Is there a role that Matthew McConaughey isn’t perfect for? It seems that whatever this man is given; he invariably delivers above and beyond. The silver screens latest slice of political and racial history, Free State of Jones provides this class actor with enough meat he can sink his teeth appearing near impeccable before our eyes, whilst the supporting cast bring fresh, new talent to our screens. Of course, it was never the casting choices that was going to let this one down.
Despite being from the talented man who brought us the incredibly nail biting first installment of the successful Hunger Games – Gary Ross’ Free State sadly doesn’t live up to expectations. This is undeniably a completely different film entirely, but even after the 2 and a half hours of watching – there still seems to be an inescapable void that desperately needed to be filled with something other than lengthy, slow paced dialogue. Using facts and events that actually took place is always tricky and perhaps it was that restriction that leaves you feeling empty after you depart the theatre. As we are introduced to the hardships and harshness of the American Civil War, a medical nurse Newt Knight (McConaughney) works day and night, helping the wounded and the scared. Yet, when the amount of life’s lost surpassed the amount saved, he risks his own life by sparking a rebellion against the Confederacy. Recruiting anyone who was (at the time) as mad as Knight, local slaves and farmers, this small, yet powerful group of people ignited an historic uprising in Jones County in Mississippi.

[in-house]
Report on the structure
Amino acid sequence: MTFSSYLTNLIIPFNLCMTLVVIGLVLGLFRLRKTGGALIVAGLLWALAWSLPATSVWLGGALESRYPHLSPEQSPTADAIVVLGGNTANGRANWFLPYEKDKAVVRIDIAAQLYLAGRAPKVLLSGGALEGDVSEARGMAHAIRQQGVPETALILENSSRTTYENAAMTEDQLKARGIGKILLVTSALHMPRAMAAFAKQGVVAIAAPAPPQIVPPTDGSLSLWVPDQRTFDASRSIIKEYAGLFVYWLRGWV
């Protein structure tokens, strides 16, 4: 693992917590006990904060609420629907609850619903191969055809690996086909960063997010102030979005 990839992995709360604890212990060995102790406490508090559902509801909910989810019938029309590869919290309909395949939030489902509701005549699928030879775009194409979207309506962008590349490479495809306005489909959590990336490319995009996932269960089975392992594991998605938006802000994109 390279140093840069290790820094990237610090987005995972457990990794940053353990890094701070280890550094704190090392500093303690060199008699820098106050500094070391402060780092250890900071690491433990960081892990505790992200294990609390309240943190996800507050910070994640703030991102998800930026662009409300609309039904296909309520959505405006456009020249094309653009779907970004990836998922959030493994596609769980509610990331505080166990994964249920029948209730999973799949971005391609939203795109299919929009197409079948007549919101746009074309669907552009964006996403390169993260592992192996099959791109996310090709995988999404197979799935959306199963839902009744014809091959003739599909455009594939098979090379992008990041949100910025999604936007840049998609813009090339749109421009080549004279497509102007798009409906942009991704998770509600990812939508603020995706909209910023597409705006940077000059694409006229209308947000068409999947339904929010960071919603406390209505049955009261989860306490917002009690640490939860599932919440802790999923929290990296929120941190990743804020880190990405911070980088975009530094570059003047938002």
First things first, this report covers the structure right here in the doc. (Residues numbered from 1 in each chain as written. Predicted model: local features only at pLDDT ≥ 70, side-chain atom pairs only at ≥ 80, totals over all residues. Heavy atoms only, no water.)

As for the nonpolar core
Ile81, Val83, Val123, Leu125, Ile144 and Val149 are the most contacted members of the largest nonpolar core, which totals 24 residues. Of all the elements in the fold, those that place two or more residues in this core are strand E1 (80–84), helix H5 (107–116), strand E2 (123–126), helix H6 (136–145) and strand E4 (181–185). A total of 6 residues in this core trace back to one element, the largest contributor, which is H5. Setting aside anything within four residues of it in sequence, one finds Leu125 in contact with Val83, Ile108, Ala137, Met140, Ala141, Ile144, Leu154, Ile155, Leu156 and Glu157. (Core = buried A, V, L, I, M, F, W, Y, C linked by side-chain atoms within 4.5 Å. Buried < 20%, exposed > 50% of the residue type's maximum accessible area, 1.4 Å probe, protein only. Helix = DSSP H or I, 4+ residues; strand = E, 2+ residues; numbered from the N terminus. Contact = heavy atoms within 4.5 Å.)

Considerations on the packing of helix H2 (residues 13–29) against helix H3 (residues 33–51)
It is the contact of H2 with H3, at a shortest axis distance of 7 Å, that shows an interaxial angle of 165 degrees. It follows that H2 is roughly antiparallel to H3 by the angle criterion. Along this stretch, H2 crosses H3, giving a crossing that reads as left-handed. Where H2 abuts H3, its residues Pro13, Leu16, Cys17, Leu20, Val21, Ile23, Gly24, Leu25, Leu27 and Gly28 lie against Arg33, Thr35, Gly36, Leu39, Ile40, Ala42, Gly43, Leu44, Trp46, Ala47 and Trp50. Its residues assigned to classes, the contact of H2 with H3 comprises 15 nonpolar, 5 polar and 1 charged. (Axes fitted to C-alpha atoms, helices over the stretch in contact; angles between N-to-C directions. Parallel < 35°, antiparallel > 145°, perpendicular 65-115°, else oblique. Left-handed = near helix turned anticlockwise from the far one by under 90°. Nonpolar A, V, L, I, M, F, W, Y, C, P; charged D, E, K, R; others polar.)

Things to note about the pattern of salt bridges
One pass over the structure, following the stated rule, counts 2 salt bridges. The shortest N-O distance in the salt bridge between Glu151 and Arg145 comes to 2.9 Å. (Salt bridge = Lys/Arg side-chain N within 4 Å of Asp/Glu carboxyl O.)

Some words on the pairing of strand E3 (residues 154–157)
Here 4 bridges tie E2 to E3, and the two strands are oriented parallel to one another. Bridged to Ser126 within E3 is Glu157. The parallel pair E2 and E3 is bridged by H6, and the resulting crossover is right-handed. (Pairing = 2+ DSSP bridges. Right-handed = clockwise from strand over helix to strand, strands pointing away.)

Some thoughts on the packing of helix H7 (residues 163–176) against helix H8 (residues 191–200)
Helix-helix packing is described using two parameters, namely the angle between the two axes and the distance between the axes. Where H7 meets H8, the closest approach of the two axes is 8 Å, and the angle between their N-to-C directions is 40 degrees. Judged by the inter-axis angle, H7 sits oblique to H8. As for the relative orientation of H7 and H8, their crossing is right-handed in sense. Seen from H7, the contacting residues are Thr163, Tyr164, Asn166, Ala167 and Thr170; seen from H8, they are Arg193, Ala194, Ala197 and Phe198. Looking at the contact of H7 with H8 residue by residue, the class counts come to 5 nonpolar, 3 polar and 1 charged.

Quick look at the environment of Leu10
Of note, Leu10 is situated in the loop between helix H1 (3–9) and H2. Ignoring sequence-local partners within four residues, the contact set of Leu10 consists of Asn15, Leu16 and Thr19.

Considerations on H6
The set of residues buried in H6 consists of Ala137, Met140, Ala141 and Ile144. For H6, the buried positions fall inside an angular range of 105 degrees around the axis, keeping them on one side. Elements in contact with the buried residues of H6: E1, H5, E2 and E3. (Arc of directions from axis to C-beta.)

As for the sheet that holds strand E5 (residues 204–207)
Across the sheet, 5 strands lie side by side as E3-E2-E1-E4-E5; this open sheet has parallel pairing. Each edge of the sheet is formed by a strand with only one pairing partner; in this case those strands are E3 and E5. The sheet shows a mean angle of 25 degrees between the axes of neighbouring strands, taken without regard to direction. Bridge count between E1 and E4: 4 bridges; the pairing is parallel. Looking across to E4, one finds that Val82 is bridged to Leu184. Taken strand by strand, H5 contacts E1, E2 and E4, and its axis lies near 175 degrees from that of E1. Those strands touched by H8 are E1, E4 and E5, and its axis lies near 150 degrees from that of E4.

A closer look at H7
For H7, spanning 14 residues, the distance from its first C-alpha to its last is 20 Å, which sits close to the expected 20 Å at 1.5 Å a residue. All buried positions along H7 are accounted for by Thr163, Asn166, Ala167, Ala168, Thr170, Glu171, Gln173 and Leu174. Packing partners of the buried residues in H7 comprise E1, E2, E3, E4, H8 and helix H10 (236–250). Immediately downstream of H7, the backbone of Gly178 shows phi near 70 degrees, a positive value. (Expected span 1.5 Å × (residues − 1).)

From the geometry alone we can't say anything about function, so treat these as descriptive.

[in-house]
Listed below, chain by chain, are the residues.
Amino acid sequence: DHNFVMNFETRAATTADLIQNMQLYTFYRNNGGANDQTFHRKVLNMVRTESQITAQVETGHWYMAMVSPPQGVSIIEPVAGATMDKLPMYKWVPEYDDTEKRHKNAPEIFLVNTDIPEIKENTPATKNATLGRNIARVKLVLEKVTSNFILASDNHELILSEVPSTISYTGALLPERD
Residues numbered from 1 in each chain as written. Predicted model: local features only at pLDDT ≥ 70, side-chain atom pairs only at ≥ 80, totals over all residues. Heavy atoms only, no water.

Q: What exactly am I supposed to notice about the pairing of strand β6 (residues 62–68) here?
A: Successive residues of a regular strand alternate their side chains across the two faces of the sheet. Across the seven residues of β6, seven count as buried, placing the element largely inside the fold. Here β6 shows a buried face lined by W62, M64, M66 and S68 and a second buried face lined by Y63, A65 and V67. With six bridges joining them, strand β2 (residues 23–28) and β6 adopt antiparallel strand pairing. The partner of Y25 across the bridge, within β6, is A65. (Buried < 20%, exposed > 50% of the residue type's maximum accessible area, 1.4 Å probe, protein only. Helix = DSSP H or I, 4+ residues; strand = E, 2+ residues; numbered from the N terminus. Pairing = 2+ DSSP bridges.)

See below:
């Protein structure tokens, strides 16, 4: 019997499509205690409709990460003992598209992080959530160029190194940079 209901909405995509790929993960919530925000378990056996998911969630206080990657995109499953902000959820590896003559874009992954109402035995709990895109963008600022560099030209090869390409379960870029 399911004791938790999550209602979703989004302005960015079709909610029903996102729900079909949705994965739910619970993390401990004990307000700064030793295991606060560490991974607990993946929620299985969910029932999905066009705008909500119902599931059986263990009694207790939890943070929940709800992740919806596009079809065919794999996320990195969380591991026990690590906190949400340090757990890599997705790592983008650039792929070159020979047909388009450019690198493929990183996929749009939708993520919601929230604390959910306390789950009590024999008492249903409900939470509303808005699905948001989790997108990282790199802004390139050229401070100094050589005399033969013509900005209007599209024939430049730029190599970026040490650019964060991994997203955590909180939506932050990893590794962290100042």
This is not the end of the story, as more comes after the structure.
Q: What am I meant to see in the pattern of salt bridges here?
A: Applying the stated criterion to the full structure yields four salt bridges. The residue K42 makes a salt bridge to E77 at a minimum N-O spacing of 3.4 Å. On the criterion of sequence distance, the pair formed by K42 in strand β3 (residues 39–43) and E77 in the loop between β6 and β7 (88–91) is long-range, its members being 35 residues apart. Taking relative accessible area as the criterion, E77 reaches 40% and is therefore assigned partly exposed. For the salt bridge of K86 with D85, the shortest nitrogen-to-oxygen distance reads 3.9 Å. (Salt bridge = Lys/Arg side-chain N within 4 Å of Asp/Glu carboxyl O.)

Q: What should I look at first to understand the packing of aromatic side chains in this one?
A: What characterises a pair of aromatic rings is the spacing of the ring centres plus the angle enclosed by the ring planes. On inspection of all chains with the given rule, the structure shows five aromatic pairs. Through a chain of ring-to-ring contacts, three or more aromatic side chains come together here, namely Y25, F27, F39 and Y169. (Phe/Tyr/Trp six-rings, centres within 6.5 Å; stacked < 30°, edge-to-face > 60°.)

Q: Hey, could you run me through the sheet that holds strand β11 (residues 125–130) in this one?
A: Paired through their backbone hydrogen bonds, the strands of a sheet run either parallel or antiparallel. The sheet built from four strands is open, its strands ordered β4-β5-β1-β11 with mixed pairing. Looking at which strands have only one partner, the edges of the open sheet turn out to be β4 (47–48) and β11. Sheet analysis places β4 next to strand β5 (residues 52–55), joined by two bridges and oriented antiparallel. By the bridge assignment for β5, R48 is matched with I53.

The longevity of this one is enough to put some people off; albeit due to the subplot of a court case surrounding Knights descendants, the film as a whole didn’t feel too long. Perhaps devoting more time to the case and knocking off 20 minutes of the build-up would have been a better move. Amongst the class story-telling and acting, the whole film is set out in a far too familiar fashion. We are given a formula with only one intention, to equals ‘the feels’. To toy with our emotions; when it was already there in the first place. Such aspects come with such a story and resulted in them seemingly forced and determined, rather than allowing the audience to become lost in the story.
The controversy surrounding Knight’s character and the all important act of helping and assisting black people during a time that the average Joe simply didn’t, gives him a real and raw edge. He spoke out and started a mini revolution – racial liberation, establishing himself as a beacon of hope in America’s text books. This man, through perseverance, dangerous methods and sheer determination created a Free State of Jones with his bare hands – it truly is a compelling tale. An important point in history that changed so many people’s lives, only for it to be ripped away again; it’s heartbreaking.
Free State of Jones seems to be a spot in time that many people brush over, but an important one for all to see. Heart-breaking without being smothering, it’s just a shame that this doesn’t start a flame and rouse us as it should; despite the cast performing their socks off. Such a story certainly warrants such a time limit but for some reason Free State of Jones simply doesn’t reach the heights it was capable of.
Free State of Jones is out 30th September